The program is the result of a cooperative effort of many different departments on and off campus. The result provides students with training in all the various aspects of forensic science. Students not only attain a thorough understanding of the science behind the common procedures used in a forensic laboratory, but receive training in the law and medicinal aspects as well. There are many careers for which this degree may be used. Students are qualified to work as a forensic scientist or to begin a career in law or law enforcement. We also work closely with the School of Medicine in providing the students accesses to both medical and forensic research.
General Career Information
The Computer and Information Technology major is for those students interested in creating and managing software, software systems, and/or integrating and managing computer systems; working in computer network systems integration; managing and implementing database management systems; developing multimedia-rich web-based applications. The major in Computer and Information Technology will prepare you to contribute to industrial, governmental, and educational computing in areas of communications and networking infrastructures, software systems, user interfaces for web applications, and data asset management. Students in Computer and Information Technology obtain a broad background during their first two years and then choose a specialty in one of the following areas based on their aptitude, preferences, and desired career path:
Computer Application Development
Students will learn the software development process. They will have the ability to specify, design, and build software systems with an understanding of the development process steps and be able to develop applications with an understanding of project management and development issues. Students will learn at least two computer programming languages that support application development, allowing them to develop applications for stand-alone usage or web usage, while integrating multimedia.
Game and Simulation Development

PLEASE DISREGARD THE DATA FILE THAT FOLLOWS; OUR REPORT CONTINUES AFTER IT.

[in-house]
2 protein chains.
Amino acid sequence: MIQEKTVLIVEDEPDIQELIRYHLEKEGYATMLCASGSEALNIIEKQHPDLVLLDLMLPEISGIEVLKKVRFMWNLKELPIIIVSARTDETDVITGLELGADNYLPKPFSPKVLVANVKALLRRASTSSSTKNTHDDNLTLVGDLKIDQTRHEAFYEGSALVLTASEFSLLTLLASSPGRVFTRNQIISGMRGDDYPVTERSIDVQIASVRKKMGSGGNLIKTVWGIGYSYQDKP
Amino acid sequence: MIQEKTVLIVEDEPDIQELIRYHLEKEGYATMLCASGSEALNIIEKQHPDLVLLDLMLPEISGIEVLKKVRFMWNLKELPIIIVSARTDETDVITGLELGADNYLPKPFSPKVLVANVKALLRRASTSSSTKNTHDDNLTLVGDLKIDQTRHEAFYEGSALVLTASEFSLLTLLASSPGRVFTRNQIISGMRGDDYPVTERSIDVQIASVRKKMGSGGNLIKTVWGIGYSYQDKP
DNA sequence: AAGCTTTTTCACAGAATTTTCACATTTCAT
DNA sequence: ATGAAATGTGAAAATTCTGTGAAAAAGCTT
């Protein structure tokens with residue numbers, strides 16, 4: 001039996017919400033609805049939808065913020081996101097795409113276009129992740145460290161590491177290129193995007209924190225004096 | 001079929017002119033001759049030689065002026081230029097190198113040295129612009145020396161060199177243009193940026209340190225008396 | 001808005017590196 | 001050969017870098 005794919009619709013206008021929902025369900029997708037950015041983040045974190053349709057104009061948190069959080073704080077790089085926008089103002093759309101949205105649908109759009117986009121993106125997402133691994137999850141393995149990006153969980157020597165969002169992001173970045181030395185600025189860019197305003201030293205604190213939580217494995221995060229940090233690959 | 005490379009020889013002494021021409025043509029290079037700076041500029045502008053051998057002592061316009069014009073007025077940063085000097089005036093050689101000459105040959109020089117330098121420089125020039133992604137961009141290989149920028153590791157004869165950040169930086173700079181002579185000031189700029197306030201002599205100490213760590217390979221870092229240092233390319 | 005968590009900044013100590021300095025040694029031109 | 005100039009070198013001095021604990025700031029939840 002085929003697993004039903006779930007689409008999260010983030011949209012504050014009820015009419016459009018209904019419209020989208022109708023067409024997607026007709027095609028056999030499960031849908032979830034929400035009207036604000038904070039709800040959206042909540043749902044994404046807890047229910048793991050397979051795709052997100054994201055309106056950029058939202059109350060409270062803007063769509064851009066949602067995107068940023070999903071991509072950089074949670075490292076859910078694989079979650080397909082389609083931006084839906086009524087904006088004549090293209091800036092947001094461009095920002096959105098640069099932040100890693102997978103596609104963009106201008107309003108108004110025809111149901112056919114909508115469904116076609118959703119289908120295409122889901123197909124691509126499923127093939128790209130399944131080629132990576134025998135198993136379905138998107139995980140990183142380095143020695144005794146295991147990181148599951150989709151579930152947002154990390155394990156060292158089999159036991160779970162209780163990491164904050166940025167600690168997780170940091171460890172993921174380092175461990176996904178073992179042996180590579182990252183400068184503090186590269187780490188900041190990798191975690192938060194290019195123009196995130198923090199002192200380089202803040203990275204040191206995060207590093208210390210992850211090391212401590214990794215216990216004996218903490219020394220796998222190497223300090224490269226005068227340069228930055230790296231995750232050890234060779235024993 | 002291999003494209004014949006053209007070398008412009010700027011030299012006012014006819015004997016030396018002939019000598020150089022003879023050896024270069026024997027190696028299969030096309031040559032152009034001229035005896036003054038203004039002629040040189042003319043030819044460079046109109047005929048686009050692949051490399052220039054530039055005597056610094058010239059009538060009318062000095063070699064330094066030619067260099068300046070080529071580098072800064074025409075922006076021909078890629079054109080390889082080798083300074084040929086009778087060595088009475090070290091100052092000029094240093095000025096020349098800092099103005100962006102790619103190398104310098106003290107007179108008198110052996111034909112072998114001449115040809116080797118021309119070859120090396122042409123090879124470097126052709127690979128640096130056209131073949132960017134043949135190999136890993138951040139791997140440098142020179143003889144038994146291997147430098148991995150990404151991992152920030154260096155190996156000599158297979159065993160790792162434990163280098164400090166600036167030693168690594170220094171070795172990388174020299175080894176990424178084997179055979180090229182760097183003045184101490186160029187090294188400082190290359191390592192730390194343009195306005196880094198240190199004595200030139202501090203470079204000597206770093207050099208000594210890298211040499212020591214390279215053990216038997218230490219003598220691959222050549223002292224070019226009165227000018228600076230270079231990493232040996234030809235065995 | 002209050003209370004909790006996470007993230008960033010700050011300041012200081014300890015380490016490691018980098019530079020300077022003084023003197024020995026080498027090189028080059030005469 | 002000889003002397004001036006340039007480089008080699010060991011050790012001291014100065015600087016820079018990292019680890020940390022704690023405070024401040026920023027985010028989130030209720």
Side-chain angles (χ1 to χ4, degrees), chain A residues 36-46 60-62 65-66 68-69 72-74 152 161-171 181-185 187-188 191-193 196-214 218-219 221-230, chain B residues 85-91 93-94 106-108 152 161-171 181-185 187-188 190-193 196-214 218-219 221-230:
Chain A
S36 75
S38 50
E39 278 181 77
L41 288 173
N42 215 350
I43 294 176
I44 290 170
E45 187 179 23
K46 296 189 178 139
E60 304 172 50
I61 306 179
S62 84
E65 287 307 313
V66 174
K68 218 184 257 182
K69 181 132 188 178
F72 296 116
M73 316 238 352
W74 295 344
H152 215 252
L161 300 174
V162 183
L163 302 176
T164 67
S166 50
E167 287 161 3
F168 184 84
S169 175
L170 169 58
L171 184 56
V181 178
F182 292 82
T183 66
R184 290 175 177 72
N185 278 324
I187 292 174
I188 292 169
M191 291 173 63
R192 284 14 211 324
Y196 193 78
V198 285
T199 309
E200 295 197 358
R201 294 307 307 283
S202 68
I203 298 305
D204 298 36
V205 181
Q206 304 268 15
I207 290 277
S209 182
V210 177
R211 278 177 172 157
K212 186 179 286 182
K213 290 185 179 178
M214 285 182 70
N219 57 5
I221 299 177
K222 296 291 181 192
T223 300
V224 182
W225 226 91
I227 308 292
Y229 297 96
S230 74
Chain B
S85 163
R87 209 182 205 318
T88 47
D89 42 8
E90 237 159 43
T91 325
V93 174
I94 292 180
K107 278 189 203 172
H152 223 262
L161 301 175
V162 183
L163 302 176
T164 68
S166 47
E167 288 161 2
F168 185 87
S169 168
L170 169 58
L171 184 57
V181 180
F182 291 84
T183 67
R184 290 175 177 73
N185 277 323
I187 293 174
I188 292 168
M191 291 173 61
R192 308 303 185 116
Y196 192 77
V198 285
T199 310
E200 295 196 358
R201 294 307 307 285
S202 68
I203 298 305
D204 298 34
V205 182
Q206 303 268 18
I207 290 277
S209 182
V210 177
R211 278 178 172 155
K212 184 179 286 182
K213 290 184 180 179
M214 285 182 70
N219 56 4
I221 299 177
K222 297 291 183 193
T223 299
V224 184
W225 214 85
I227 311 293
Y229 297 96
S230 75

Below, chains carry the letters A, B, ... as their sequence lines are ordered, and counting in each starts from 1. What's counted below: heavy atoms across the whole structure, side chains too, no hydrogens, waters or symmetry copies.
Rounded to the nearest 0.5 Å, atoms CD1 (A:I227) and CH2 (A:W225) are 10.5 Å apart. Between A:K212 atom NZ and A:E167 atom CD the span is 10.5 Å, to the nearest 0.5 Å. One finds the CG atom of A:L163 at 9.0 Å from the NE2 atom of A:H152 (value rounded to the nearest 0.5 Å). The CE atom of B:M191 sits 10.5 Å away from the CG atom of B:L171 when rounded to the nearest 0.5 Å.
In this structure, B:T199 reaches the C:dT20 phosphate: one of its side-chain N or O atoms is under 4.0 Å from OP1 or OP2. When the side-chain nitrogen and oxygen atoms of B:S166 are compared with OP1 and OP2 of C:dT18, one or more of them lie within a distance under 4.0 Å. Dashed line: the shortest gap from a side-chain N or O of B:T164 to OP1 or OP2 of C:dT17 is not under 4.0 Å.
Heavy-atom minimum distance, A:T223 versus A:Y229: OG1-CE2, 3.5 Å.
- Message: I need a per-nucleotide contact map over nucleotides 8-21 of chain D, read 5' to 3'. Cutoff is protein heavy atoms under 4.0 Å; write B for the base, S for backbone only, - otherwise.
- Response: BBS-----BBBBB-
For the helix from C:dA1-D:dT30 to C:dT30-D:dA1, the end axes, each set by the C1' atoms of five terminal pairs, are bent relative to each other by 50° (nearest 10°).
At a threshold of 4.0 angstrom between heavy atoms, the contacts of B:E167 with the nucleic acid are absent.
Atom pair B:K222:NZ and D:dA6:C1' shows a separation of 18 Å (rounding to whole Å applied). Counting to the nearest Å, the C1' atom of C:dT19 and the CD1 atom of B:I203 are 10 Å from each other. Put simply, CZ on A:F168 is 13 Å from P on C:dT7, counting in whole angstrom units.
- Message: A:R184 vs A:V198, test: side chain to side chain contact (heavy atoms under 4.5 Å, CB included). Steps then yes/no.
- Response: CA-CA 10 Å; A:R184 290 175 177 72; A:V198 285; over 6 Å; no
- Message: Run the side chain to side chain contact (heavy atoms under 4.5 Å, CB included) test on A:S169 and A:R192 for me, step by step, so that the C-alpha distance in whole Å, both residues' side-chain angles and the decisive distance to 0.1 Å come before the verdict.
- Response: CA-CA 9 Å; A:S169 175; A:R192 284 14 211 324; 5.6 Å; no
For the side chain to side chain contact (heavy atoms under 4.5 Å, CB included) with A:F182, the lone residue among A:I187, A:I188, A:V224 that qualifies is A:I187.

Students will learn to develop gaming applications. Graphics design and style are also taught.
Web and Mobile Application Development
Students will learn to develop web-based applications using software such as ASP.Net and PHP. Students will also be prepared to develop web compliant applications for e-commerce and integrate multimedia into such applications while integrating distributed databases, such as Oracle and mySQL. Graphics design and style are also taught.
A small sample of jobs available to CIT graduates include
- Software Engineer
- Software Tester
- Software Programmer
- Database Administrator
- Certified Network Engineer
- Network Administrator
- Telecommunications Analyst/Manager
- Web-based Application Developer
With both an undergraduate and graduate program, students are provided a thorough understanding of the criminal justice system and its interrelation with society. Graduate program prepares pre-service students for criminal justice careers.
Prepares students to meet the challenges of today’s cyber threats. Digital forensic and information assurance skills are in high demand in law enforcement, business, government, defense, intelligence and the private sector. Digital Forensics and information assurance allows a student to focus on cyber crime solutions in criminal justice, ethics, political science, cyberspace policies, business IT, and law enforcement fields. The investigation of digital evidenceis a new and growing multidisciplinary field.